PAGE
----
Marianna Mazzucato’s most recent book is a very good reading on the theory of value. Mazzucato starts by recapping theories of value throughout the history of economics, showing that what economists consider productive changed through the centuries.
Marx’s theory of value and capital is briefly described and some incoherences become apparent.
Marx postulated value is determined by whether an exchange occurs. Marx also postulated that labour is the only source of value and not a product’s scarcity or demand.
Thus Marx concludes that keeping a portion of the population unemployed would depress wages such that the capitalist (that owns the production means) would not need to replace machines instead of people. As labour is understood as the only source of value, Marx considered a machine’s (constant) returns are not comparable with a person’s hability to become more efficient and improve the capitalist’s profit.
Yet in doing so Marx admits some value in non-exchanged production factors – the unemployed and the production means, respectively implicit and embedded in the value of goods and services.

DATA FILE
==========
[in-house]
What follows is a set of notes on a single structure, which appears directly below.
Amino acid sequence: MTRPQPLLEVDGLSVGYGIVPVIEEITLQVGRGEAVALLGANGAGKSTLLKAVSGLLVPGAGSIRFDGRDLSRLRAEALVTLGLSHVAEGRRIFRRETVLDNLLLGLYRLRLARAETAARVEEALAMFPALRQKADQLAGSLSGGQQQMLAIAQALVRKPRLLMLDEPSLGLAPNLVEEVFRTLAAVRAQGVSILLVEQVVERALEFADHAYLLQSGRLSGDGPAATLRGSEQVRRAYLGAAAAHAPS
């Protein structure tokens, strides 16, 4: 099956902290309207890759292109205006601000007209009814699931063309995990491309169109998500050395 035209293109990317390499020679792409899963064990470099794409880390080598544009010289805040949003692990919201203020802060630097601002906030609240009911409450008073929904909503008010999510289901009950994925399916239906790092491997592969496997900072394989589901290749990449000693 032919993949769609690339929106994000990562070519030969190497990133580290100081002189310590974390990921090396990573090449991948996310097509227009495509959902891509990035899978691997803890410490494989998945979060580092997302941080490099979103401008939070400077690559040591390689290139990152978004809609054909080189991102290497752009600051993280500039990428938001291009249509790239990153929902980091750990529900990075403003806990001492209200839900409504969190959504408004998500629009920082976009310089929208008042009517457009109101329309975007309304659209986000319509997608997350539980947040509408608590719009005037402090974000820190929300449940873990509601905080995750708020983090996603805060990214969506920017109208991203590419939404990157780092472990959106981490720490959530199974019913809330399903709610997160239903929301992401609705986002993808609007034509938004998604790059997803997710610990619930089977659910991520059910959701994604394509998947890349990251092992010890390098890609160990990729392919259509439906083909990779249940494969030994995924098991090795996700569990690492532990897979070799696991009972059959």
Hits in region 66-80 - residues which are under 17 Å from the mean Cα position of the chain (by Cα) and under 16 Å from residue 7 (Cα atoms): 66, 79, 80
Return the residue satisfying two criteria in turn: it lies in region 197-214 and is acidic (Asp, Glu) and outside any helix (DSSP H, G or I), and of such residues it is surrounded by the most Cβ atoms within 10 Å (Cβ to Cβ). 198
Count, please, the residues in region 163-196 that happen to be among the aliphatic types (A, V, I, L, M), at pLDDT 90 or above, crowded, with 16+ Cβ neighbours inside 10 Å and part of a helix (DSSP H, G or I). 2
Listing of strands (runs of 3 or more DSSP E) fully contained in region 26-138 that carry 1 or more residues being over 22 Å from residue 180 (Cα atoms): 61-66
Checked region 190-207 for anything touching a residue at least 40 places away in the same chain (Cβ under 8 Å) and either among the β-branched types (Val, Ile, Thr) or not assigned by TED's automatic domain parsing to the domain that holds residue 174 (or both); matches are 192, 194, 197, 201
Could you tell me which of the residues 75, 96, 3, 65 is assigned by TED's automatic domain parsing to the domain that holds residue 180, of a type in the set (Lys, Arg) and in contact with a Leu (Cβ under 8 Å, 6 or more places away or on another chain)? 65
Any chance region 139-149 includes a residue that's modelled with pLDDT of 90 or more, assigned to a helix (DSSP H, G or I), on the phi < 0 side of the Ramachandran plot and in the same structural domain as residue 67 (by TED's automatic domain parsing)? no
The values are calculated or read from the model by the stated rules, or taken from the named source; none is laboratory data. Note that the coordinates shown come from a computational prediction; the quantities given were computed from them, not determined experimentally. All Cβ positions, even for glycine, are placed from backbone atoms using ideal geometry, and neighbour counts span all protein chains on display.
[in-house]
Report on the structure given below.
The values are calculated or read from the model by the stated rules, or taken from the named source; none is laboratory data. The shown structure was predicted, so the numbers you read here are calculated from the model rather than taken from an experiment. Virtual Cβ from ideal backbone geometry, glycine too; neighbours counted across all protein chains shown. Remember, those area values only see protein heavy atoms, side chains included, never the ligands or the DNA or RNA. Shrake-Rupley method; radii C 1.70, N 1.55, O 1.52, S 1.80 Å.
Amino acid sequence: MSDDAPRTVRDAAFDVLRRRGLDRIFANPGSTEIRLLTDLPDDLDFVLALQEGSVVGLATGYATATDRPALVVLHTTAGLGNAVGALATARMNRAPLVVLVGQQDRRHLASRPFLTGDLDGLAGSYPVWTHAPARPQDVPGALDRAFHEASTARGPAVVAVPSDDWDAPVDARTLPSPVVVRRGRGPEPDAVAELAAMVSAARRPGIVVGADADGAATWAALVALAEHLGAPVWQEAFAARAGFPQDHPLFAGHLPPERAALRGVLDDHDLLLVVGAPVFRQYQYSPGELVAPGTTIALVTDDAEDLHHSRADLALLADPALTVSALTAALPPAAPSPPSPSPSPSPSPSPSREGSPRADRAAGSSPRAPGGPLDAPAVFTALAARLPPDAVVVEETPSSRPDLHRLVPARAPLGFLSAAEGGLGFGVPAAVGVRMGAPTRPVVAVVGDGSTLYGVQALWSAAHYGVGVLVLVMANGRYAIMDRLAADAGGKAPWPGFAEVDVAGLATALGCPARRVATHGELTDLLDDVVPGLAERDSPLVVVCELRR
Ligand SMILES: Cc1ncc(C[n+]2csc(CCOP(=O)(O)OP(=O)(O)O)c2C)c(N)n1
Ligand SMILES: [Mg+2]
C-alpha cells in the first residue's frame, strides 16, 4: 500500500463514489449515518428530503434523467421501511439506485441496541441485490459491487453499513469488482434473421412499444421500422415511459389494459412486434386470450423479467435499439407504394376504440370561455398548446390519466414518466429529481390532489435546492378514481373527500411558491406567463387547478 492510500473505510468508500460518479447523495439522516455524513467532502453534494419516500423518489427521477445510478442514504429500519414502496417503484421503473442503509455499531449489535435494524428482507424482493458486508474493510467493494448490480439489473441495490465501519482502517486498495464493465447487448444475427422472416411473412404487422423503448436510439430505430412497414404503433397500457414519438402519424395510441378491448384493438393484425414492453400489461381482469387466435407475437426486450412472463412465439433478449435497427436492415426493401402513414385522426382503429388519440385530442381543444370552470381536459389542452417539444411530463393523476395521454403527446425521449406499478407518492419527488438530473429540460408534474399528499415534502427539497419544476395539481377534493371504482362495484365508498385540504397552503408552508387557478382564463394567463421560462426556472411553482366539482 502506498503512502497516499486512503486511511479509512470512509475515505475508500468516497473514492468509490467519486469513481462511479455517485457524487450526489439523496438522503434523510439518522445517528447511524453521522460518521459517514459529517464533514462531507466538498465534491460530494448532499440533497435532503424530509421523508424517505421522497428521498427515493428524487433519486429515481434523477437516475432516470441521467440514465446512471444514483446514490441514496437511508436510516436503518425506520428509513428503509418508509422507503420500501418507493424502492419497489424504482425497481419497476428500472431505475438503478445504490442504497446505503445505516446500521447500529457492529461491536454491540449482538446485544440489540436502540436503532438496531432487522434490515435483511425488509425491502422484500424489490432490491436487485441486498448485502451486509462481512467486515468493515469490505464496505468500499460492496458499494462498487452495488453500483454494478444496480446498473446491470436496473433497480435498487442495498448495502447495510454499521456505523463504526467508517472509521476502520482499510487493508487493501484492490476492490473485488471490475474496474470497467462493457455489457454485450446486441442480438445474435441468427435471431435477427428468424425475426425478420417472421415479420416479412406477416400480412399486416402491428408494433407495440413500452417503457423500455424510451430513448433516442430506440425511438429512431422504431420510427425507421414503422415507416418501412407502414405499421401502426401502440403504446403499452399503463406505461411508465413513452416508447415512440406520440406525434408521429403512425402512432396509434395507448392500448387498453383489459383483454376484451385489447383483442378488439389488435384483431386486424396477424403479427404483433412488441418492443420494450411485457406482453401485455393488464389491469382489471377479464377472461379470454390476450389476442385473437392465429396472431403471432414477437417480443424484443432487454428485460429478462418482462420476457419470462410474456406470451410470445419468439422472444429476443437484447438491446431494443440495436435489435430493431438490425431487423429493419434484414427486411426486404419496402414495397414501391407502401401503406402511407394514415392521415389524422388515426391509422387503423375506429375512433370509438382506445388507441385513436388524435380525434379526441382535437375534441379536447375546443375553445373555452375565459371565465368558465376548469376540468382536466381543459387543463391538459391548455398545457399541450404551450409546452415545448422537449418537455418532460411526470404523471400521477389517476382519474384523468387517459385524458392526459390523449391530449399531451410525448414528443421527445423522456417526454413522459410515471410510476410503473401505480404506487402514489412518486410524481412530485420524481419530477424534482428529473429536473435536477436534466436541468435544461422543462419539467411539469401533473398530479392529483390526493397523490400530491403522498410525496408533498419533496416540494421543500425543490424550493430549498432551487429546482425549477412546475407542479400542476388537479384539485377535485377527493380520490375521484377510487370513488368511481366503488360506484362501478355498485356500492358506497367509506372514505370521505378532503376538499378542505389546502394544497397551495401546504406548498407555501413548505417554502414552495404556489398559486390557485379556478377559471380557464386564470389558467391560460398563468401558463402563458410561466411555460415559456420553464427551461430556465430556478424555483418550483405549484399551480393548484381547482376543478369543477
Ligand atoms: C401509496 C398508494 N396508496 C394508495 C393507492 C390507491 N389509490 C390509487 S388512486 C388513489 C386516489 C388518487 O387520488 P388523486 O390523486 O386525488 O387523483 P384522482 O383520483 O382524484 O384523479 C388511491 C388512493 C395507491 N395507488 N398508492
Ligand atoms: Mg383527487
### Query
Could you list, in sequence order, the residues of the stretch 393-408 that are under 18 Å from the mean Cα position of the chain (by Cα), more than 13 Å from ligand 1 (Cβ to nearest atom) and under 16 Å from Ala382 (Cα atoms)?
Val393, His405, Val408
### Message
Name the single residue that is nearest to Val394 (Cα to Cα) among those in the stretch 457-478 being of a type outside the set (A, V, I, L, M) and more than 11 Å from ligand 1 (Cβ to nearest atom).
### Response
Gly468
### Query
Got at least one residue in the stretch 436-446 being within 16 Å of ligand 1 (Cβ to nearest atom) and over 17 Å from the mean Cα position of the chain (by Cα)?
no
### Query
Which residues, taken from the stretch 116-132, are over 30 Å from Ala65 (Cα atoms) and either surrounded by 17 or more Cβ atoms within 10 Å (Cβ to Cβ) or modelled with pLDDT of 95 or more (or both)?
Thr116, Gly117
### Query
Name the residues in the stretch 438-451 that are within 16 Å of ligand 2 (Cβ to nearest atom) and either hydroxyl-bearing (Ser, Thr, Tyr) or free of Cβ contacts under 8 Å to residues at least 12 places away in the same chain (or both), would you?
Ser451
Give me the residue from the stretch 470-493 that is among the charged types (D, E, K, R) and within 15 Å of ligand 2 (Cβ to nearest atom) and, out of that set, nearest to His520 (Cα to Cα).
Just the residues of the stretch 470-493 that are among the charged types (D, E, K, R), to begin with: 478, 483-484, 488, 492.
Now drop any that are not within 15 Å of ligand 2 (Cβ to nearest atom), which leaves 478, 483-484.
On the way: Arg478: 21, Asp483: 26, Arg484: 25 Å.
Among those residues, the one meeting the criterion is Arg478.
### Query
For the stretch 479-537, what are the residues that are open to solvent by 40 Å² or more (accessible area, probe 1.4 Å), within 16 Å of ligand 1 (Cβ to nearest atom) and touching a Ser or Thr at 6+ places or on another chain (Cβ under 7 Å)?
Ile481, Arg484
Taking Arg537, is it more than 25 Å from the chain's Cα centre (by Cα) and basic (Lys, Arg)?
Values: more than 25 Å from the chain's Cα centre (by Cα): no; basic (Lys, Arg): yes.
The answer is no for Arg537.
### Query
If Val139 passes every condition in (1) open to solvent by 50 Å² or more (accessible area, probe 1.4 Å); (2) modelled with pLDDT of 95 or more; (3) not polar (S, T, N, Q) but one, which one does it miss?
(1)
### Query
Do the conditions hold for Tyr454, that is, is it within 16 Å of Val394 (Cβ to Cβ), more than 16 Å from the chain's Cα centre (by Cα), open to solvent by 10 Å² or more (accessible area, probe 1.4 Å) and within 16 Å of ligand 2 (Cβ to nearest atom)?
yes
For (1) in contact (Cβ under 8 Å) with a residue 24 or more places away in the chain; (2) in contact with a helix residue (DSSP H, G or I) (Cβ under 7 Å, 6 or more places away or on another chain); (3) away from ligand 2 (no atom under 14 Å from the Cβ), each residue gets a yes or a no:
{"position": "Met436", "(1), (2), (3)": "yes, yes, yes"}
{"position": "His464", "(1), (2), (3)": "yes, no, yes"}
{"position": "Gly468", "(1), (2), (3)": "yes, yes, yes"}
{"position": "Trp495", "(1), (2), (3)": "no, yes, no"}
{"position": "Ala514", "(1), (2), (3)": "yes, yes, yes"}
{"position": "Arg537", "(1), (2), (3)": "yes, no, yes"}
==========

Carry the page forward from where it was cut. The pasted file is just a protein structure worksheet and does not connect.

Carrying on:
In doing so, Marx admits value in scarcity – in Marx’s perspective, the unemployed make employment scarce – justifying the value of assets such as estates and (technology embedded) production means.
In other words, Marx is unable to justify why only labour accrues value because Marx considers labour scarcity increases labour value when exchange (rather than intrincacies such as scarcity) is the process of determining value.
It is thus arguable that if exchange stands as the process necessary to determine labour’s value (as embedded in goods and services) then human capital (that Marx relegates by considering machines and persons are interchangeable) underpins labour’s value – and remains the remit of workers.
To be fair, this insight was untenable in Marx’s largely uneducated XIX century Europe, revealing the theory’s inadequateness to a world where the “advent of computers and the Internet raised the relative productivity of higher-skilled workers.”
Read my post on the Regional Studies Association blog Embedding value chains to enhance Cohesion